Help! I think I over fertilised my little kaffir lime a couple of weeks ago! I’ve removed the soil from below and given it a decent water; anything else I can do?
I used Richgro Black Marvel which I’ve used 2 or 3 times before (twice a year) but never had my leaves do this before.
Welcome to Workshop. We're really pleased you could join us but are sorry to see your poor lime tree is struggling. Perhaps one of our community's horticulturalists such as @Noelle or @DonnaE might like to share their thoughts. I'm sure your photos will help but you might also like to tell us where you are based and what type of soil you have. And why do you think you over fertisiled the tree?
Thanks again for joining in the discussion. Please let me know if you ever need a hand getting the most from the site.
Hi Jess (@Jess21)
Could be any one of several causes: iron deficiency, alkaline soil, water-logging are just a few. Start by doing a pH test on the soil.
If it is alkaline, then cause if likely to be lack of available iron which is chemically 'locked up' in alkaline soils. Citrus like an acid pH so adjusting the soil acidity will often fix problems. Sulfur added to the soil (as per label directions) will amend the pH and that will also help release nutrients unavailable when the pH is too high.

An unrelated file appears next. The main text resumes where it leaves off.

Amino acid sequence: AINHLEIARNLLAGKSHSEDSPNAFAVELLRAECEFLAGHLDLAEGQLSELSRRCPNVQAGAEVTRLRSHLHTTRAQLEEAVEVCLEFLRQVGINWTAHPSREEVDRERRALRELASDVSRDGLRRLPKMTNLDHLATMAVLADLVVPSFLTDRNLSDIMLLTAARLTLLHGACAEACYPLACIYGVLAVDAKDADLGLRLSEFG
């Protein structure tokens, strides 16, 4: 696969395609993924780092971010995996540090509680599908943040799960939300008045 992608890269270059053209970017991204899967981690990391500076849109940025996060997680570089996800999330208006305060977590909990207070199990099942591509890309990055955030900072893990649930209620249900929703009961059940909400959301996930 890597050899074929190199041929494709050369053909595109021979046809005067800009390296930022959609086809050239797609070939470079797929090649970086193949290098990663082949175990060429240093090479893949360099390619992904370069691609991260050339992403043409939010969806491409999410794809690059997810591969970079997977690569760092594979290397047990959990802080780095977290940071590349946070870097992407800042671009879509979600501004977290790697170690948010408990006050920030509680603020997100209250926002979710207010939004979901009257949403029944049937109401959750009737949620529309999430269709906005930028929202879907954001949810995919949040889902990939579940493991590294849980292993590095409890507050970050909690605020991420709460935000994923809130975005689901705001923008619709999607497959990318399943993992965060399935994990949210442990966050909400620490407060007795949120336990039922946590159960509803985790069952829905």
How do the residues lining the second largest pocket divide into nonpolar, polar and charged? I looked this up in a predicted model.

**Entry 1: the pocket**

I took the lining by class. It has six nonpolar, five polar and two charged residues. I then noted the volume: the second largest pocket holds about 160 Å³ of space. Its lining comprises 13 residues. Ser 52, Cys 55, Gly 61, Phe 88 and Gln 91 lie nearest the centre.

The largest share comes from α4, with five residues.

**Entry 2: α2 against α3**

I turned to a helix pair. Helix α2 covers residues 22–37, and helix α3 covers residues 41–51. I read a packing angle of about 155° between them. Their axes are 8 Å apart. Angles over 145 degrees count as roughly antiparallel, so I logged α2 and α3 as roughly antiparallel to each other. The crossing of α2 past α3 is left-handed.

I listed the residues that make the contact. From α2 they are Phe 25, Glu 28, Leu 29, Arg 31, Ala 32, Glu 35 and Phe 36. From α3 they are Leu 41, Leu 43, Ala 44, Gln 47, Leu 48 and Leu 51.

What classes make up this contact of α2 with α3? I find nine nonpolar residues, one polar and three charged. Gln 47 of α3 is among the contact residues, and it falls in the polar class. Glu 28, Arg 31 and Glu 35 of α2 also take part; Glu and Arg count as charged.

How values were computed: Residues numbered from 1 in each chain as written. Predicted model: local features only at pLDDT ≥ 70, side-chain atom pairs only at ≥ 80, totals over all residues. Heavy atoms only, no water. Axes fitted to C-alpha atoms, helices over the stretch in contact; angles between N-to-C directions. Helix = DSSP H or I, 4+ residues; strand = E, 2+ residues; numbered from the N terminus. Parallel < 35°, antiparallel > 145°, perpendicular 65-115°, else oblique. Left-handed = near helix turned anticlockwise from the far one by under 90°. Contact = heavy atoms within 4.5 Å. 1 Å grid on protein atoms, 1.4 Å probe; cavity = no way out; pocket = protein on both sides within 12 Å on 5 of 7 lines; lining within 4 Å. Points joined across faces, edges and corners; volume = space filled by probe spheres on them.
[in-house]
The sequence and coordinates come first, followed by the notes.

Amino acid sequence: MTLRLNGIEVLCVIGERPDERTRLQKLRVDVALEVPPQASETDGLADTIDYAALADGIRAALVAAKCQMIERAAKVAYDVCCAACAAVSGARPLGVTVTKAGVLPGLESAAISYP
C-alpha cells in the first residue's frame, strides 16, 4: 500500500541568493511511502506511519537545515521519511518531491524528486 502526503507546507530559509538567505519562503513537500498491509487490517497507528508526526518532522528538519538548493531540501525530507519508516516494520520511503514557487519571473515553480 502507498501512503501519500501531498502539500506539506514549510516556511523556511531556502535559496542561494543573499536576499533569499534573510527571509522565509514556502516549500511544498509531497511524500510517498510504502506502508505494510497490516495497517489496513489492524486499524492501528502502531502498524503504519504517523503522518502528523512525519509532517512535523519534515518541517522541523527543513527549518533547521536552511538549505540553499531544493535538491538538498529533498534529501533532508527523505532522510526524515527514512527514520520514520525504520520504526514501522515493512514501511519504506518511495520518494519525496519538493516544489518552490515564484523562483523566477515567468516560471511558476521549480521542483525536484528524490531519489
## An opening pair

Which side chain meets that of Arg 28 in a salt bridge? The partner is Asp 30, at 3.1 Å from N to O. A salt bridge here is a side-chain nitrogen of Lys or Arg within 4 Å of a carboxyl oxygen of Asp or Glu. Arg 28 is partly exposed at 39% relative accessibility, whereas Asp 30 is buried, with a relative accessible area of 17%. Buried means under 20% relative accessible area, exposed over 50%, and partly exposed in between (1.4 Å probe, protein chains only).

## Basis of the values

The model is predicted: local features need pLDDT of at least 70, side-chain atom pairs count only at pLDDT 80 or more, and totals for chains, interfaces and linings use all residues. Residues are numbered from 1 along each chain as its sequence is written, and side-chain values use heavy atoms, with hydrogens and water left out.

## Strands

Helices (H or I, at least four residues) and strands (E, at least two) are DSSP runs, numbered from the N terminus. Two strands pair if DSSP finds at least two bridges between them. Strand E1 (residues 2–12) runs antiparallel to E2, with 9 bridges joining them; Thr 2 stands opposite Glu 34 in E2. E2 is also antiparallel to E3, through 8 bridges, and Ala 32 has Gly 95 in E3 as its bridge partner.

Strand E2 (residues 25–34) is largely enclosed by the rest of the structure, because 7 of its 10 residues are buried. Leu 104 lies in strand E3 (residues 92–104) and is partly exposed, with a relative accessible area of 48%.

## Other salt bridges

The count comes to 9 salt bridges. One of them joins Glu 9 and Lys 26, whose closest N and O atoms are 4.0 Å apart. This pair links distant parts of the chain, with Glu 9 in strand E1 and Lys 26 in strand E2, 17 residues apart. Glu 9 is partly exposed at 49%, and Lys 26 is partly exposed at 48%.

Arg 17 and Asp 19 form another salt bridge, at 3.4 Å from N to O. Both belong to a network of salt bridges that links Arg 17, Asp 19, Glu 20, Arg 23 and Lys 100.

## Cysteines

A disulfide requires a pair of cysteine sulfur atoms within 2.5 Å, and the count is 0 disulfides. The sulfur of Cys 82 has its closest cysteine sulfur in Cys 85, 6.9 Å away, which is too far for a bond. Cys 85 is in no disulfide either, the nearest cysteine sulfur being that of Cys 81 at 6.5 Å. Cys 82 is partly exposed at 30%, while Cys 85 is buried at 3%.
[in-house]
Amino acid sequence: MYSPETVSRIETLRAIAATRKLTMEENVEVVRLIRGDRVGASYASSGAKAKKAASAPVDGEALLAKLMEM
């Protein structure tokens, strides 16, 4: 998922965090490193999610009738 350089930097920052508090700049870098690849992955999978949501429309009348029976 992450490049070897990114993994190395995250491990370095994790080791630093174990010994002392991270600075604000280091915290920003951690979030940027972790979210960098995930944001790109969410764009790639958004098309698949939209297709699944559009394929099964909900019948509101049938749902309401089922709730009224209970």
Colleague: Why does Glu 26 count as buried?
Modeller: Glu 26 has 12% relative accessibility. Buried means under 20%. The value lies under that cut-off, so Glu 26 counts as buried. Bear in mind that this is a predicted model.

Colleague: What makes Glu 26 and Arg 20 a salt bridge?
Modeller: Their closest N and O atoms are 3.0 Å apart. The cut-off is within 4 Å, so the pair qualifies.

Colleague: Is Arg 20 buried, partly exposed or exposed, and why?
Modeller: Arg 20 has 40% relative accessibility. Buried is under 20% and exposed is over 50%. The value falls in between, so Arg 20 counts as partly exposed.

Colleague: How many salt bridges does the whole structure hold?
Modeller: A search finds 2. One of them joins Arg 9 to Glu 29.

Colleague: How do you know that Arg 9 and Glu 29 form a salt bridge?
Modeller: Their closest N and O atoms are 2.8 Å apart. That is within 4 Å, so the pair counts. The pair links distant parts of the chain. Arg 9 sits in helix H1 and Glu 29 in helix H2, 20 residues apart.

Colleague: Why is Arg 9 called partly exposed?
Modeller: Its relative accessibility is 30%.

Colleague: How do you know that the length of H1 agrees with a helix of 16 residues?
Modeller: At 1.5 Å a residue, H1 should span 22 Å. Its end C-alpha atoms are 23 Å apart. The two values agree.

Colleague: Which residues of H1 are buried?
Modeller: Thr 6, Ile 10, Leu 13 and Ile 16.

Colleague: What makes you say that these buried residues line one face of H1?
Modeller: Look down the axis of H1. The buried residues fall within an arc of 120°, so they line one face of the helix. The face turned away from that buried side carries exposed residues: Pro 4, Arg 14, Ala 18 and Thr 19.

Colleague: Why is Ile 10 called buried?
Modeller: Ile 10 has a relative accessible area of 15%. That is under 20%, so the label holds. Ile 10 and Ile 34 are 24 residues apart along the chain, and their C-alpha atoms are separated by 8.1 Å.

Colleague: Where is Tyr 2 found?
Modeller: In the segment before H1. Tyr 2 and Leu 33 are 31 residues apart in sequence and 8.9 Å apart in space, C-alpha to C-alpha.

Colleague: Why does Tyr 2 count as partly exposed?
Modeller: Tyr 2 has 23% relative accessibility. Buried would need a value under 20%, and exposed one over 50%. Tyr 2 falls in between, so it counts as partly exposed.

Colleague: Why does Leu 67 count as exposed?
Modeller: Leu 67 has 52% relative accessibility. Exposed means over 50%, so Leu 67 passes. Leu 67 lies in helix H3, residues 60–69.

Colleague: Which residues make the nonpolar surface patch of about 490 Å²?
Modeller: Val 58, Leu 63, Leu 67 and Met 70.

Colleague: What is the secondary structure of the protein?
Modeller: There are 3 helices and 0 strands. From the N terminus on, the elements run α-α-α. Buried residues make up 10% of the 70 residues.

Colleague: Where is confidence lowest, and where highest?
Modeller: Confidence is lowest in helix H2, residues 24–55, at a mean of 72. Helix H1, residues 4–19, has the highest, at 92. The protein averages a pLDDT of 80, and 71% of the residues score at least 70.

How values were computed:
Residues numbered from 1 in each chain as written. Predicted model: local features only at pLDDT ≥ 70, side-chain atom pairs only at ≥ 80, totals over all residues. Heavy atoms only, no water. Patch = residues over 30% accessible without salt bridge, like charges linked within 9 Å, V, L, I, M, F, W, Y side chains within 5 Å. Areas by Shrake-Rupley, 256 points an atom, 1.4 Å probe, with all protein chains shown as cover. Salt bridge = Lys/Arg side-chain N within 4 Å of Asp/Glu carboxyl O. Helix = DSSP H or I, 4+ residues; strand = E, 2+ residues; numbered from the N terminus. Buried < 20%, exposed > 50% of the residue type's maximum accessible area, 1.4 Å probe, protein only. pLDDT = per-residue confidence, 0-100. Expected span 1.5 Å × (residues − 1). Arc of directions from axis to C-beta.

It's unlikely you would have over-fertilised unless you applied the product at far greater than the rate recommended on the bag. Too much fertiliser can burn the roots and damage usually shows up on the lower leaves and branches first because they are closest to the source of the burning. Always read and follow application instructions.
Don't take too much soil off the surface or disturb the roots of citrus trees including lime. They have very shallow fibrous root systems and react really badly to having their roots tampered with! Scraping off soil to remove fertiliser can harm the roots.
While citrus need regular watering, they resent being over-watered. A good soak once or twice a week is all that's needed. ALlow the soil to dry out a bit between waterings - not to the point where the leaves droop or wilt but enough to allow the soil to oxygenate.
So, start with the soil pH test and work from that.